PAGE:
Male Ballroom Dancer Confessions – The even more dreaded “Party”

The Arthur Murray curriculum consists of 4 elements to teach you to learn to dance quickly: Private Lessons, Group Lessons, Practices, and Parties. The first 3 have very tactical goals: teach you new dance steps or polish the steps you already know. The party, on the other hand, takes on a whole different dimension altogether. The Party is the social aspect of the curriculum. That is, you show up. They play songs and tell you which dance it is and then you (as a man/lead) approaches a partner for a round around the floor. Although I have learned to appreciate these events over time, it is this aspect of learning to dance that has caused me the most distress.

So to understand that you first need to understand a little bit about me background in such settings. As you have probably gathered by now, I never had much luck with the ladies as a young man and I really had no luck on the dance floor. In fact, every time I built up the courage to dance, there was some element of ridicule or harassment that discouraged me from doing so. Then asking girls to dance was a much more uncomfortable experience. One example that pops into my mind is one from Junior High. There was this girl that I liked and I mean really liked. There was a Spring dance that I went alone to just hoping I could get this girl’s attention. About halfway through the dance, I mustered up the courage to approach her. I asked simply, “Would you like to dance?”. Her response (just as simply) was, “Maybe later”. Looking back I of course could see this as her merely not being interested and I should have salvaged any shred of pride I had at the moment and moved on or simply gone home. But, for some reason I took this girl at her word. So an hour passed and my adolescent self decided that it was “later” enough and so I approached her again to ask her to dance. I honestly do not remember the exact response this time, but I seem to remember that it was fairly clear that she was not interested at all. Devastated with rejection, I went home and I avoided her in school for the rest of the year.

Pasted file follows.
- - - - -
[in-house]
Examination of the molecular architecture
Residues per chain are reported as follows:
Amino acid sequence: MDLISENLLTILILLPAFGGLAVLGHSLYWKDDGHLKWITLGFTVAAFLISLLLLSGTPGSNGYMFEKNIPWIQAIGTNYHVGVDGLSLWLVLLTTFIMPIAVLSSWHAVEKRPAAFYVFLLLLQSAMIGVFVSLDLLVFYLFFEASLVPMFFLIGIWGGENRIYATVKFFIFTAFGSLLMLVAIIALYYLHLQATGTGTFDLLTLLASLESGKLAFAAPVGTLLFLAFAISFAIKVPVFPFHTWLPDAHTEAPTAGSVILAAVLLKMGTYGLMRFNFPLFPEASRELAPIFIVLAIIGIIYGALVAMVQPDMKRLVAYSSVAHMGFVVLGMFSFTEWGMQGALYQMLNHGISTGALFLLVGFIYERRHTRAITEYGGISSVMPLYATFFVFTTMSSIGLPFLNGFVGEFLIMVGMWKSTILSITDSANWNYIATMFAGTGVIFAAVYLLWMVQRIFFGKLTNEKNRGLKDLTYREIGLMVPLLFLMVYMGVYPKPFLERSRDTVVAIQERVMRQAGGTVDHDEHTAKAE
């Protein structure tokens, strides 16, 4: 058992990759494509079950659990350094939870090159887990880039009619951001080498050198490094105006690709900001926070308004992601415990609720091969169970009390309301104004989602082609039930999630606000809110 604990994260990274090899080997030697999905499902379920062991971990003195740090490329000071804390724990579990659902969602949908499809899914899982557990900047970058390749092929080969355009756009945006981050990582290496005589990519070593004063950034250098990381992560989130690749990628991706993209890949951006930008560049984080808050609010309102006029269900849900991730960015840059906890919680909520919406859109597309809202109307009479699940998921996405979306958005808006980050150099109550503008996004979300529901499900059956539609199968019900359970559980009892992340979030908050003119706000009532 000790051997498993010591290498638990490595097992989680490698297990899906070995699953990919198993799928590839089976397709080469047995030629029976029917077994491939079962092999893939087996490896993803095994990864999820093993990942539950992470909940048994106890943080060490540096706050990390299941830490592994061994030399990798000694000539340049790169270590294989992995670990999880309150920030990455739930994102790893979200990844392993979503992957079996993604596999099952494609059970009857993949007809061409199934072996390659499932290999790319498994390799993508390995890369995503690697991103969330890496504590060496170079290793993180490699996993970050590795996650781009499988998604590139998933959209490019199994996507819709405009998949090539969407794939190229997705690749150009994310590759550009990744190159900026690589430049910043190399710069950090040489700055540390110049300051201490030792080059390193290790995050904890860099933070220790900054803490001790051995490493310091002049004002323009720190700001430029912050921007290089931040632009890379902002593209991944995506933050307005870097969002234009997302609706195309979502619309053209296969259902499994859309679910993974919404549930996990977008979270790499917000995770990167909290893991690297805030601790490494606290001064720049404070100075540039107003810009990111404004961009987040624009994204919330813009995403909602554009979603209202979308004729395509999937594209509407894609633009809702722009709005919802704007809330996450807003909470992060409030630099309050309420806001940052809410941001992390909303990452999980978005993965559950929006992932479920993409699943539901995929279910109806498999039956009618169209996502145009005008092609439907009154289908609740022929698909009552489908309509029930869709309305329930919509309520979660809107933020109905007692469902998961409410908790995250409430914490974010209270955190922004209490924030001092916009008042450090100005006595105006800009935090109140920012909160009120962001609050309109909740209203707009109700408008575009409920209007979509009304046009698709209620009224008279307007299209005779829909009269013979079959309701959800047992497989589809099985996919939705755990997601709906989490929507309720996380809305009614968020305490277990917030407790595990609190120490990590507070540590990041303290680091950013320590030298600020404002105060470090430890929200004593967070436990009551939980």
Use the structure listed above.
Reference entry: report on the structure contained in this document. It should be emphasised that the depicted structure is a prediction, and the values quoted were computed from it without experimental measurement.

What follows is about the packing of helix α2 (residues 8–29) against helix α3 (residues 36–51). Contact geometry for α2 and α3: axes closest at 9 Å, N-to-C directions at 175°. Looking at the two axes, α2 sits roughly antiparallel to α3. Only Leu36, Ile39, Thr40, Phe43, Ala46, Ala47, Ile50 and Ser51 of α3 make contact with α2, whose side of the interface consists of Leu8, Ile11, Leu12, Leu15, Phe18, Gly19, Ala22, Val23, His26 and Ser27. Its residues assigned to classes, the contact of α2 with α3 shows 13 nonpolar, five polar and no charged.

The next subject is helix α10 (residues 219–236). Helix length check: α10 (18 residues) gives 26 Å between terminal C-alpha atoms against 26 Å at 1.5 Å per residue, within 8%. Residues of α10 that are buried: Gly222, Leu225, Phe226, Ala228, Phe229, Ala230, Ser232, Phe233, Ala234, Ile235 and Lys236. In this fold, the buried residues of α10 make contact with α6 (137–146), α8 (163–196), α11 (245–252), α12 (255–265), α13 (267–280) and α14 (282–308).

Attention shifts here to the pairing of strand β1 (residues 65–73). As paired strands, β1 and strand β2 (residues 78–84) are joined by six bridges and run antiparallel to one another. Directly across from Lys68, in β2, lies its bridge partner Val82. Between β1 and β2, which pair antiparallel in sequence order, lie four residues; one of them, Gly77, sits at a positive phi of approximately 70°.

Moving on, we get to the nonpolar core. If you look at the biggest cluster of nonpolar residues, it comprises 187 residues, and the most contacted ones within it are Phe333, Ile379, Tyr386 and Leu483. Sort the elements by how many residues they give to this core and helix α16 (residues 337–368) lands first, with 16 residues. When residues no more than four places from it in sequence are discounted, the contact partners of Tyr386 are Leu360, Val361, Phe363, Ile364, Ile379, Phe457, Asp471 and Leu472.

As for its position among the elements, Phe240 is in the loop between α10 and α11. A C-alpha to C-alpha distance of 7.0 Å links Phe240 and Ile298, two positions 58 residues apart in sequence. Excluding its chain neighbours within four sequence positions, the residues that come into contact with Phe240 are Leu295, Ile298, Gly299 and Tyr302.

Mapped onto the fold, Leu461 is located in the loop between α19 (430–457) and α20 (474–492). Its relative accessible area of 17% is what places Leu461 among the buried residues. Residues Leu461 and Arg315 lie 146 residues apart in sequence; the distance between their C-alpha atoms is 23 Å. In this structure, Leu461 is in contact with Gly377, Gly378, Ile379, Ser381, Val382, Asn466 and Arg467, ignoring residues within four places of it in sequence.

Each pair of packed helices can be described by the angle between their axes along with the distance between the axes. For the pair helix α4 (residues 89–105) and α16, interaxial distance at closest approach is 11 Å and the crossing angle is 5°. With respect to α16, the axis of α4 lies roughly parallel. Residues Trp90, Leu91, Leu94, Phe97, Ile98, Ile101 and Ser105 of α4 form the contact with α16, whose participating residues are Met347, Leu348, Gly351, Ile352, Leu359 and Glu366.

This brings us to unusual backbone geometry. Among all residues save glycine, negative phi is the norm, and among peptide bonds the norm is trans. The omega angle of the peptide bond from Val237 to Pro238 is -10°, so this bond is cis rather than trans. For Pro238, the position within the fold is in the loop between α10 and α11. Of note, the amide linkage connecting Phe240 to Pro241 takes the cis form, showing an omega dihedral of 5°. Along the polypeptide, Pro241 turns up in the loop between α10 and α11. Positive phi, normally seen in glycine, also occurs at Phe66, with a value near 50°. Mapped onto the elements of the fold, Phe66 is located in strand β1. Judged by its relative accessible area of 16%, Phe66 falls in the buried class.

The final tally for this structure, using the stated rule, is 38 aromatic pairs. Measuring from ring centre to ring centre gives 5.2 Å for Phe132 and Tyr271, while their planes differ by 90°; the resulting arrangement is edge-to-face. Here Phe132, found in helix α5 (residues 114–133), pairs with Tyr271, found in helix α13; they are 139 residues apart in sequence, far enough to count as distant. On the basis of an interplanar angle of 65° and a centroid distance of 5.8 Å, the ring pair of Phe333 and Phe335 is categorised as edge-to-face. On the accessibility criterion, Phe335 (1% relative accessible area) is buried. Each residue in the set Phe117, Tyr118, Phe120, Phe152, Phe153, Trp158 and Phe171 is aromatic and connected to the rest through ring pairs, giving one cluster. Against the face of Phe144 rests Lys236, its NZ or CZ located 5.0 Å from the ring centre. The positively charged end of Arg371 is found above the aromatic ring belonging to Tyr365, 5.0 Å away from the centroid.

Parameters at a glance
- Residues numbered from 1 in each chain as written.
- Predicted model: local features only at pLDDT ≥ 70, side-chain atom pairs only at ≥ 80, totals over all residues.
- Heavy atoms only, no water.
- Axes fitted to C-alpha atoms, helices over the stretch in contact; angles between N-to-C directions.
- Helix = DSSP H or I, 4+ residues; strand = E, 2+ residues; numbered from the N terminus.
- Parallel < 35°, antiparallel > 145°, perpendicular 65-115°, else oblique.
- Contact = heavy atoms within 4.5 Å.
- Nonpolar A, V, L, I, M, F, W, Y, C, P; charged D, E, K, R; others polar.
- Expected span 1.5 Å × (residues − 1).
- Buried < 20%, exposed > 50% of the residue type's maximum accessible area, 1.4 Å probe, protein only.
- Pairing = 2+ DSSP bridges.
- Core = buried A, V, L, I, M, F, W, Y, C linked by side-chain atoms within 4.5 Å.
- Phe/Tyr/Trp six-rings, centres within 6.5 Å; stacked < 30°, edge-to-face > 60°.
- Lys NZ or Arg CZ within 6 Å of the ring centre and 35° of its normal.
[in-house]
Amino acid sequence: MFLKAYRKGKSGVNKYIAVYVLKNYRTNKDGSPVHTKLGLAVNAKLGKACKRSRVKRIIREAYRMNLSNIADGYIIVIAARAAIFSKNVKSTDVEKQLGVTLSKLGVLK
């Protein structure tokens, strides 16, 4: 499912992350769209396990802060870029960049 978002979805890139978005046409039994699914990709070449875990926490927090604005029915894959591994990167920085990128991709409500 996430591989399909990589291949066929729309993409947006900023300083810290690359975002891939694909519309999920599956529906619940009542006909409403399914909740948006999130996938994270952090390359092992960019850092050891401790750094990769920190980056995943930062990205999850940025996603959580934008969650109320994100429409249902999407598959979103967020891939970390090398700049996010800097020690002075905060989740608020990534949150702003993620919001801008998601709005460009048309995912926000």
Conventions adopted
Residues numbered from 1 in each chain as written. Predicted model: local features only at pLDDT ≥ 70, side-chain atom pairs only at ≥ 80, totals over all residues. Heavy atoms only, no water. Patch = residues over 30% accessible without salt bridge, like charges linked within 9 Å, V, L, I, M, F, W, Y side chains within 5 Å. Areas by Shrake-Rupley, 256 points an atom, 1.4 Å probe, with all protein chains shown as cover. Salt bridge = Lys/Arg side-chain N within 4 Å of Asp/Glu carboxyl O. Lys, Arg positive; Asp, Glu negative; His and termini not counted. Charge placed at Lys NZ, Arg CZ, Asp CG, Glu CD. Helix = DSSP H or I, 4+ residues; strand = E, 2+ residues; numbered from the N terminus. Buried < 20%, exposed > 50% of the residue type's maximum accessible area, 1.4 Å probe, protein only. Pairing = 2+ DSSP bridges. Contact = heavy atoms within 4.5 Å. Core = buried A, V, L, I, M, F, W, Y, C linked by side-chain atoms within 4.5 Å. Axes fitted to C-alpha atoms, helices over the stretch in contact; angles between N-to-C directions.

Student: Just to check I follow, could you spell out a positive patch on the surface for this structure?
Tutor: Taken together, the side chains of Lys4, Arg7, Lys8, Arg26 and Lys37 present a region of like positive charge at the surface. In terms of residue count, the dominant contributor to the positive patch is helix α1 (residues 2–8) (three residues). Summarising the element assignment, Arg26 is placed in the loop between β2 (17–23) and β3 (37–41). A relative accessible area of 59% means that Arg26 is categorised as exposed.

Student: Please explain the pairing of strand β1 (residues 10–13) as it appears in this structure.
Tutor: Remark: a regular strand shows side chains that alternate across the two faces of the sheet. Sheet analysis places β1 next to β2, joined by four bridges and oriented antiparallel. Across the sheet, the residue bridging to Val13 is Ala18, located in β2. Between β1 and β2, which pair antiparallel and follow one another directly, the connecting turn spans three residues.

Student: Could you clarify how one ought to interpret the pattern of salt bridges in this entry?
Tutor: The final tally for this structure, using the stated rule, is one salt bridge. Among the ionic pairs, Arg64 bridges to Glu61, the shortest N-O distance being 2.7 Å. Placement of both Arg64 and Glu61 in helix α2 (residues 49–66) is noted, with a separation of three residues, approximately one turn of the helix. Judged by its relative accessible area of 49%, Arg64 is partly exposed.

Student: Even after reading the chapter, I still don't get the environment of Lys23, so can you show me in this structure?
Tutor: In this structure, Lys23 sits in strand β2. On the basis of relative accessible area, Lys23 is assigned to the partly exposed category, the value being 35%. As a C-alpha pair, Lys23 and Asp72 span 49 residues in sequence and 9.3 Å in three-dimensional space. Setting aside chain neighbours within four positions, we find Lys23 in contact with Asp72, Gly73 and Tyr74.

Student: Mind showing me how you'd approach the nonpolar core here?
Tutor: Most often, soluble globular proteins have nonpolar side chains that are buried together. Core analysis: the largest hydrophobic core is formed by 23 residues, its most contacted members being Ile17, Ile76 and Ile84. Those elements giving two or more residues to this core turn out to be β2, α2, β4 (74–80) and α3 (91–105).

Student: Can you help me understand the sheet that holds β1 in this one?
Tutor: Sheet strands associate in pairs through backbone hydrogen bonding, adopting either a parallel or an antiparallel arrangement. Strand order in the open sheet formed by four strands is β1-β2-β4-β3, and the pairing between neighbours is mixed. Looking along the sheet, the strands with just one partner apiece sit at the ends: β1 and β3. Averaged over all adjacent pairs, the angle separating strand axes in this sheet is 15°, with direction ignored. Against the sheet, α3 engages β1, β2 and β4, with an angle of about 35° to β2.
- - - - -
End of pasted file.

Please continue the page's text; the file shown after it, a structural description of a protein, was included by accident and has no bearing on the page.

I’ve got countless stories like this around dancing that happened to me early in life that I swore off it altogether. This slowly turned into somewhat of a phobia of dancing or at least dancing with other people. I got into the habit of looking very busy at the beginning of songs just so that in the rare instance someone wanted to dance with me, I was extremely unapproachable. Then, of course there were those rare instances when I drank too much and I was in a club setting and I started dancing good (or so I thought) and really just made a total fool of myself.

OK, so fast forward to the Party which is part of the curriculum and really a necessity to learn to dance quickly. I enter the first party and I am already nervous as hell. Once I get inside, all of the emotions and old feelings that I had buried from my earlier years just bubbled right up to the top. All of my old defense mechanisms came back. I was looking for something to put in my hands so as not to be approached (I am there with my wife mind you). I do not want to dance any dance not for fear of looking like a fool (I could give a shit about that), but it’s just because my history conditioned me to HATE these social settings. Then my wonderful instructor approaches me and, for the lack of a better way to put it, forces me to dance with her. She is super kind and sweet and counts out the music and talks me through the dance as if she knew the utter hell I was going through. Without her knowing it, she started the process of pushing me through an extremely painful place in my life one step at a time. Now I would like to say that after a few dances I was good to go, but if you look at this party experience as therapy (and if you’ve ever gone through therapy before), you will know that it does get a little bit better with every dance, but it will be a very long journey until I feel right at home in these situations. Even after 6 months of dancing and attending these parties, I am still not comfortable approaching women to dance and won’t unless forced.

All I can say at this point is I will keep trying.

2 thoughts on “Male Ballroom Dancer Confessions – The even more dreaded “Party”

  1. Pingback: Male Ballroom Dancer Confessions | The dreaded group class | Male Dancer Confessions

  2. People ask if ballroom and Latin dancing aren’t rather clinical because of the formality, but the opposite is true; structure provides a springboard for expression. Passion – or its absence – lies in the interpretation.

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